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Beautifulgirl17

Carmen is planning to invest $200 in a retirement account at the beginning of each month for the next 20 years. The account is earning 3.15% interest, compounded annually. He used the following formula and variables to solve for the future value of the account after 20 years. FVOA = Future Value of an Ordinary Annuity C = 2400 n = 1 t = 20 i = 0.0315 He found that the future value of this account will be $65481.95. Is Carmen's solution correct? If not, explain what he did wrong and provide the correct solution.

  • 2 years ago
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  1. Josh519
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    Using FVoa = PMT [((1 + i)n - 1) / i] FVoa = 2400 [((1 + 0.0315)^20 - 1) / 0.0315] FVoa= 65,481.9509 I get the same answer. Assuming it's correct.

    • 2 years ago
  2. siddiquera
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    My answer for this problem is different. Annuity Due payments are to be treated with BGN mode. The other part is that the interest rate must be calculated on a Monthly basis to relate to the impact on interest accumulation will have on the of payments made at different times during the year. Example N=20*12=240 I=3.15% / 12 = 0.2625% PMT=200 PV=0 FV= 66747.5338 Hope this explains the logic.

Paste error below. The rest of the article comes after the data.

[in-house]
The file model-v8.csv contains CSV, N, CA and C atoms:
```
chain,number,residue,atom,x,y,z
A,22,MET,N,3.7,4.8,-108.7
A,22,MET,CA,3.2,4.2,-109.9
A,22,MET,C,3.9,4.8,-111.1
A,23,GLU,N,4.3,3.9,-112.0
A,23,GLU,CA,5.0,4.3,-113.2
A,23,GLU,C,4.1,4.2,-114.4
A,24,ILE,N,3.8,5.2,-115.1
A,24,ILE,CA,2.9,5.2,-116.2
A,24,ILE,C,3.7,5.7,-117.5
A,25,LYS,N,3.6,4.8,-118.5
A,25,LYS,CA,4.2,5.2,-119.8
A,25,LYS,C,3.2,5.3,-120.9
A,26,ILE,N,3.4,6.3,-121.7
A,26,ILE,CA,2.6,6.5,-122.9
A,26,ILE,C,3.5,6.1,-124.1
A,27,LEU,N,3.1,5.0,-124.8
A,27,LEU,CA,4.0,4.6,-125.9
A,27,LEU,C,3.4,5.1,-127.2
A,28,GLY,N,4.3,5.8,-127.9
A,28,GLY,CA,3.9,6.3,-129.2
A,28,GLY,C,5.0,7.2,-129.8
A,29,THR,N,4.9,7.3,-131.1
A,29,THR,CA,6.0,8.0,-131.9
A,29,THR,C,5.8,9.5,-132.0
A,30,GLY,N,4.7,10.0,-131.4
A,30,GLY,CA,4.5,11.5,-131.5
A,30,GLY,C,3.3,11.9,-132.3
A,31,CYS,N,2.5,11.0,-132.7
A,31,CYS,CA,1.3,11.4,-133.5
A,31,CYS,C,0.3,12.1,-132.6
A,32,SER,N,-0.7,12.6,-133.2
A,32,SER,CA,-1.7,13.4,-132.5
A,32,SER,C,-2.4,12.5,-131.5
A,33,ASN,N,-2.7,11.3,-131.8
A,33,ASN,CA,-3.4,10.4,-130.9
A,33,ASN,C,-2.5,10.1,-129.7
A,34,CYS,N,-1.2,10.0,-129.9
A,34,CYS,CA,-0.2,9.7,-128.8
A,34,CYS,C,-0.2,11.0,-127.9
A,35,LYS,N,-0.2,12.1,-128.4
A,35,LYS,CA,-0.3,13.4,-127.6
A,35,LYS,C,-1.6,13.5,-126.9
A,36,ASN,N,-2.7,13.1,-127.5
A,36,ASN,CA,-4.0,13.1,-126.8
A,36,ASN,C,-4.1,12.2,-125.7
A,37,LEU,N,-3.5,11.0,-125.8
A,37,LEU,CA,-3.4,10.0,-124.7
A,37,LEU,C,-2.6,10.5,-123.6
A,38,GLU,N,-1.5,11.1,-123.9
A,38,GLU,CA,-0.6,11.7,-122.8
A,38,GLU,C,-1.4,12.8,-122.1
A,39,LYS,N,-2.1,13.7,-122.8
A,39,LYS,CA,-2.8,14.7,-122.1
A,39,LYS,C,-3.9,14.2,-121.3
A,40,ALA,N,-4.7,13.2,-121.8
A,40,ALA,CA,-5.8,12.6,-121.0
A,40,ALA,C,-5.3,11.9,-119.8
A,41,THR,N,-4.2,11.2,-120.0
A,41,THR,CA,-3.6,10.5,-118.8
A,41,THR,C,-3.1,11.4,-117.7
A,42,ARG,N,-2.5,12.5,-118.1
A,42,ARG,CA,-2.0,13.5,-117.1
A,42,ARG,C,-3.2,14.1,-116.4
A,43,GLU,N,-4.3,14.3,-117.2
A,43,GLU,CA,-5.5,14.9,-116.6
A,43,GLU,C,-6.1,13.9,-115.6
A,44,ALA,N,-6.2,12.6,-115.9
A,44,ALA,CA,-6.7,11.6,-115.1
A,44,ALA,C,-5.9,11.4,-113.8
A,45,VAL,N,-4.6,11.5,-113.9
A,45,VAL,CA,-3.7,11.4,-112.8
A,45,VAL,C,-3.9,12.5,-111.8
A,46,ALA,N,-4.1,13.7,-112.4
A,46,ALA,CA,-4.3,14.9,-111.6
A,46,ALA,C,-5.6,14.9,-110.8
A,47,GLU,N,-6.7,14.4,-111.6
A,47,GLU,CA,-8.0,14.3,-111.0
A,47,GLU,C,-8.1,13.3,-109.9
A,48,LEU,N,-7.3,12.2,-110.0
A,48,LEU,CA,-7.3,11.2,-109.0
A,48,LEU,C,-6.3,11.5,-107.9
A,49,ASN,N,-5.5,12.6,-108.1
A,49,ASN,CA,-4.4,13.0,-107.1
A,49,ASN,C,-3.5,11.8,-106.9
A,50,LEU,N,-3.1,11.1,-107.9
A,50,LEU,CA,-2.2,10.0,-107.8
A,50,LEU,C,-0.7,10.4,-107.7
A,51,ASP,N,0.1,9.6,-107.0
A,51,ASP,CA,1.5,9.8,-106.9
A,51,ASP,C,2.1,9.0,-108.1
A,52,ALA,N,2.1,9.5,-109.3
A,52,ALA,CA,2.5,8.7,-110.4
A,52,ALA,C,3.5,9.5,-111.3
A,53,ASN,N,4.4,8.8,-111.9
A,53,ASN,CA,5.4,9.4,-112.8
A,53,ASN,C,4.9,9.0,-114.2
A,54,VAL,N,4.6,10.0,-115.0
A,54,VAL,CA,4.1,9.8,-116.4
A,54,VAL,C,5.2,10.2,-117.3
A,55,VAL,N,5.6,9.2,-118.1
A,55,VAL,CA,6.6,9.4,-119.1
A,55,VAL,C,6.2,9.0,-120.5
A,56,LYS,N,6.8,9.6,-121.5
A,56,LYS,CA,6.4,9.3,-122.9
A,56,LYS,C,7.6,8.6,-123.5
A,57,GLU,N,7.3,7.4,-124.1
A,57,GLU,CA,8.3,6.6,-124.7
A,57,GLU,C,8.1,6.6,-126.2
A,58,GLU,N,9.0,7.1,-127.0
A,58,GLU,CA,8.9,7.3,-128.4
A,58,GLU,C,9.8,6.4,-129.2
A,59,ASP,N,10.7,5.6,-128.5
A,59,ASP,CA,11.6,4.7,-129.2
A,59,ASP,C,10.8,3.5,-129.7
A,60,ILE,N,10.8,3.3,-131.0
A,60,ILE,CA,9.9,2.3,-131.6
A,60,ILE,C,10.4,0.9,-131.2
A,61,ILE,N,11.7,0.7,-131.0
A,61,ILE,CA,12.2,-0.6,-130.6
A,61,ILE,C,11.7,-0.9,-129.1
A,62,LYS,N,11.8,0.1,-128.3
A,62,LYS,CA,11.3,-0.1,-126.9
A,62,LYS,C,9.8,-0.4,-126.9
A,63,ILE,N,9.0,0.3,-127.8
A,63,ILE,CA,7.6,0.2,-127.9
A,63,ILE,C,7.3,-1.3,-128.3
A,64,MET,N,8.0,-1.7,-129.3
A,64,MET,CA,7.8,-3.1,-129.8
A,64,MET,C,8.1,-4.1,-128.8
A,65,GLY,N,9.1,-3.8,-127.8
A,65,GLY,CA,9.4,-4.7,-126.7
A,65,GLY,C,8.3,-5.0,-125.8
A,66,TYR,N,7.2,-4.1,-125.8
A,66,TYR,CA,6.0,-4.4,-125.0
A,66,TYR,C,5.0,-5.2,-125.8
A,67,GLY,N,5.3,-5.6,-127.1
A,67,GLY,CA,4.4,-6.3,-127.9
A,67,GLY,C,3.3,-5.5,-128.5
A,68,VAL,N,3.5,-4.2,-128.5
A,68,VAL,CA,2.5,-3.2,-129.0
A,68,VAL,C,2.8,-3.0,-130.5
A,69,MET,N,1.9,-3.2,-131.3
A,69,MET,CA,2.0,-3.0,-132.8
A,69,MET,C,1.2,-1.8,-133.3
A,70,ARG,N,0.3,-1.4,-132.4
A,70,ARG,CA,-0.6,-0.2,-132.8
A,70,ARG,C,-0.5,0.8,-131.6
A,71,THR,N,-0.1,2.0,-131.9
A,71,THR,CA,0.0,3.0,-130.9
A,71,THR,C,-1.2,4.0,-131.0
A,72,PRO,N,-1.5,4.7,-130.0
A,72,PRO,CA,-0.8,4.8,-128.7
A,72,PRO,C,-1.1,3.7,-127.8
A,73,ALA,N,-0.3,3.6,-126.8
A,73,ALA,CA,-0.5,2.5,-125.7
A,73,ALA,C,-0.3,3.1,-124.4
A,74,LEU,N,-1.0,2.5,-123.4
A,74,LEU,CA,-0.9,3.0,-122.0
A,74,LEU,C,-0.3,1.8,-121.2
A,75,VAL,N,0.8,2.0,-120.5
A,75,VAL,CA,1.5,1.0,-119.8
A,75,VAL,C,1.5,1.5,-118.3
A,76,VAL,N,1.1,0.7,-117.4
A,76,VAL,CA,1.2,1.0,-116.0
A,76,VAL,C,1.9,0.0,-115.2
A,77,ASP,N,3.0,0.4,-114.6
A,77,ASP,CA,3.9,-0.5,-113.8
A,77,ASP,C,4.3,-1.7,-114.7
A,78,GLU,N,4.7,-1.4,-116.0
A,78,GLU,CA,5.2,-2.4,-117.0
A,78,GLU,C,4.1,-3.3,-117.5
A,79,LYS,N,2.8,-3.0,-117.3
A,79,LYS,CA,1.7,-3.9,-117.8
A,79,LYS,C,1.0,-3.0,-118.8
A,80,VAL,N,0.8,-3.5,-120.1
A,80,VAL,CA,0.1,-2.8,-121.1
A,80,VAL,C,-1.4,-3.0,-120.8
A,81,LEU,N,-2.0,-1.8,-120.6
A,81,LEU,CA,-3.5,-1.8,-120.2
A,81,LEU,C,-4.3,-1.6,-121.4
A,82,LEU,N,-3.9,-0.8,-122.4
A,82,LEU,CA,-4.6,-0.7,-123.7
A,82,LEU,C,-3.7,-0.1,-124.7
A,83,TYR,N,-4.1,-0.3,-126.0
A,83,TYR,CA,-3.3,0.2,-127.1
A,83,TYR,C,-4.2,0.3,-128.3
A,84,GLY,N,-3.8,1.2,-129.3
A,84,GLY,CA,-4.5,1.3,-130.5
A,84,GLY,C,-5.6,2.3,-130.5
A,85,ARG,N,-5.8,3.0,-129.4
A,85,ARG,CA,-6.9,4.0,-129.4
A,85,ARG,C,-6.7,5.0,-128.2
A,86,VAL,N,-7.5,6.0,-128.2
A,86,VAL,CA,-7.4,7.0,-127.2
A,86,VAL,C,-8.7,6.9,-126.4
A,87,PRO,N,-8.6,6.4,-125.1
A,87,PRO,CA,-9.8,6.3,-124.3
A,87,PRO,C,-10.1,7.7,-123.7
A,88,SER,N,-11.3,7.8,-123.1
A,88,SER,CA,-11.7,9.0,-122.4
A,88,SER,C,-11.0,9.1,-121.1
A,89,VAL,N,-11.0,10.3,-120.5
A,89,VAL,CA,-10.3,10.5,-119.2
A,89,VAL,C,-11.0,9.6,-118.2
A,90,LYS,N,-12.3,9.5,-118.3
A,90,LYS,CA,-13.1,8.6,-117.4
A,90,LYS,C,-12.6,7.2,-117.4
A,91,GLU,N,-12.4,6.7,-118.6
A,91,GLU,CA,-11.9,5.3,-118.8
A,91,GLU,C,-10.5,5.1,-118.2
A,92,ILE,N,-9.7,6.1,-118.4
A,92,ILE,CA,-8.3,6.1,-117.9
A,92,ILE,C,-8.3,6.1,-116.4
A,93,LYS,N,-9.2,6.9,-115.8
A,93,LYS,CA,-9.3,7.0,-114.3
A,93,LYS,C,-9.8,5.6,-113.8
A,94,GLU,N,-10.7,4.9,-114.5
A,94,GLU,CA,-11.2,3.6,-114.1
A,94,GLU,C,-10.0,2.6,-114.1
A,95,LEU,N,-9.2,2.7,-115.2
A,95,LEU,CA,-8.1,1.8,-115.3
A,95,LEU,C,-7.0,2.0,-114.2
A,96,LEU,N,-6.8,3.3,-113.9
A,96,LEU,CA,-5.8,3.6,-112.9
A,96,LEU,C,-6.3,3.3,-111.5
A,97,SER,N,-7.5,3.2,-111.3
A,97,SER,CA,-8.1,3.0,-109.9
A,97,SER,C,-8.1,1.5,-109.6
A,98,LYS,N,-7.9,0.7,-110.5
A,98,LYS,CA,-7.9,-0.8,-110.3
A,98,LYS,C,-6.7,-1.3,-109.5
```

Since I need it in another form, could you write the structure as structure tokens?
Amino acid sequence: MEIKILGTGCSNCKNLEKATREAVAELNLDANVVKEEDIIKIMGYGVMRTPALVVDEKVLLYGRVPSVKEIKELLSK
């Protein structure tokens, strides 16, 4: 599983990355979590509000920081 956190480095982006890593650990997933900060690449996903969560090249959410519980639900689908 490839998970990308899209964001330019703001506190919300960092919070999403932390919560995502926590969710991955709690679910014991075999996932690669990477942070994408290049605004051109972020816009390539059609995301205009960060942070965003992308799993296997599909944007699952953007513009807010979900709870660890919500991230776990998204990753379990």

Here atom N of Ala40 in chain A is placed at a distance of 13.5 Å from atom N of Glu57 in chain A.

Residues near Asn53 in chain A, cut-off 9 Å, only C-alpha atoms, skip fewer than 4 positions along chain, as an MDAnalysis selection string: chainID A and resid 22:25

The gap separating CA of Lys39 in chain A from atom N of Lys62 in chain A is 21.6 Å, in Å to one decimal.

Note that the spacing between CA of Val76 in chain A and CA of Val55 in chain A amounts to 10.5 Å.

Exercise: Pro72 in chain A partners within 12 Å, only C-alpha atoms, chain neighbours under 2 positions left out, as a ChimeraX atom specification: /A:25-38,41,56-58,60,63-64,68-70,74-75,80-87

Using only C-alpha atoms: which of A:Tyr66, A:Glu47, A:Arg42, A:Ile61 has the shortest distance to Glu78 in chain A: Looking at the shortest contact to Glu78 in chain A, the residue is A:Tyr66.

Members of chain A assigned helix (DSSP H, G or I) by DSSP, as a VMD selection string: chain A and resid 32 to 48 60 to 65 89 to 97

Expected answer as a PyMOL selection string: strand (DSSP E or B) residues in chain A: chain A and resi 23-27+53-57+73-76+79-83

• 2 years ago
  3. Josh519
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    But the interest is still compounded annually? Wouldn't it state if it were compounded per month

    • 2 years ago
  4. Beautifulgirl17
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    That was one of my main questions to solving this problem, they stated it was annually but also that it was invested at the beginning of each month. I used annually and simply examined the other information as in which formula to use. Since it was the beginning, FVOA was correct. What i didn't get was where the 2400 came from? Wouldn't C have been 200?

    • 2 years ago
  5. siddiquera
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    Think about the payment made at the starting of the year compared to the last. The interest received on the January payment is not the same as that in December. Which is why I treated each payment with monthly interest rates, instead of an annualized rate. The difference in our answers come from minute incremental affect of compounded interest. Hope this helps :)

    • 2 years ago
  6. EdwardDeR
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    even better though is you could treat it as a 2-step calculation. 1) Calculate the FV of 1 year of monthly payments, with interest at the end 2) plug this amount into the calculation of 20 yearly payments, with interest paid yearly.

    • 2 years ago
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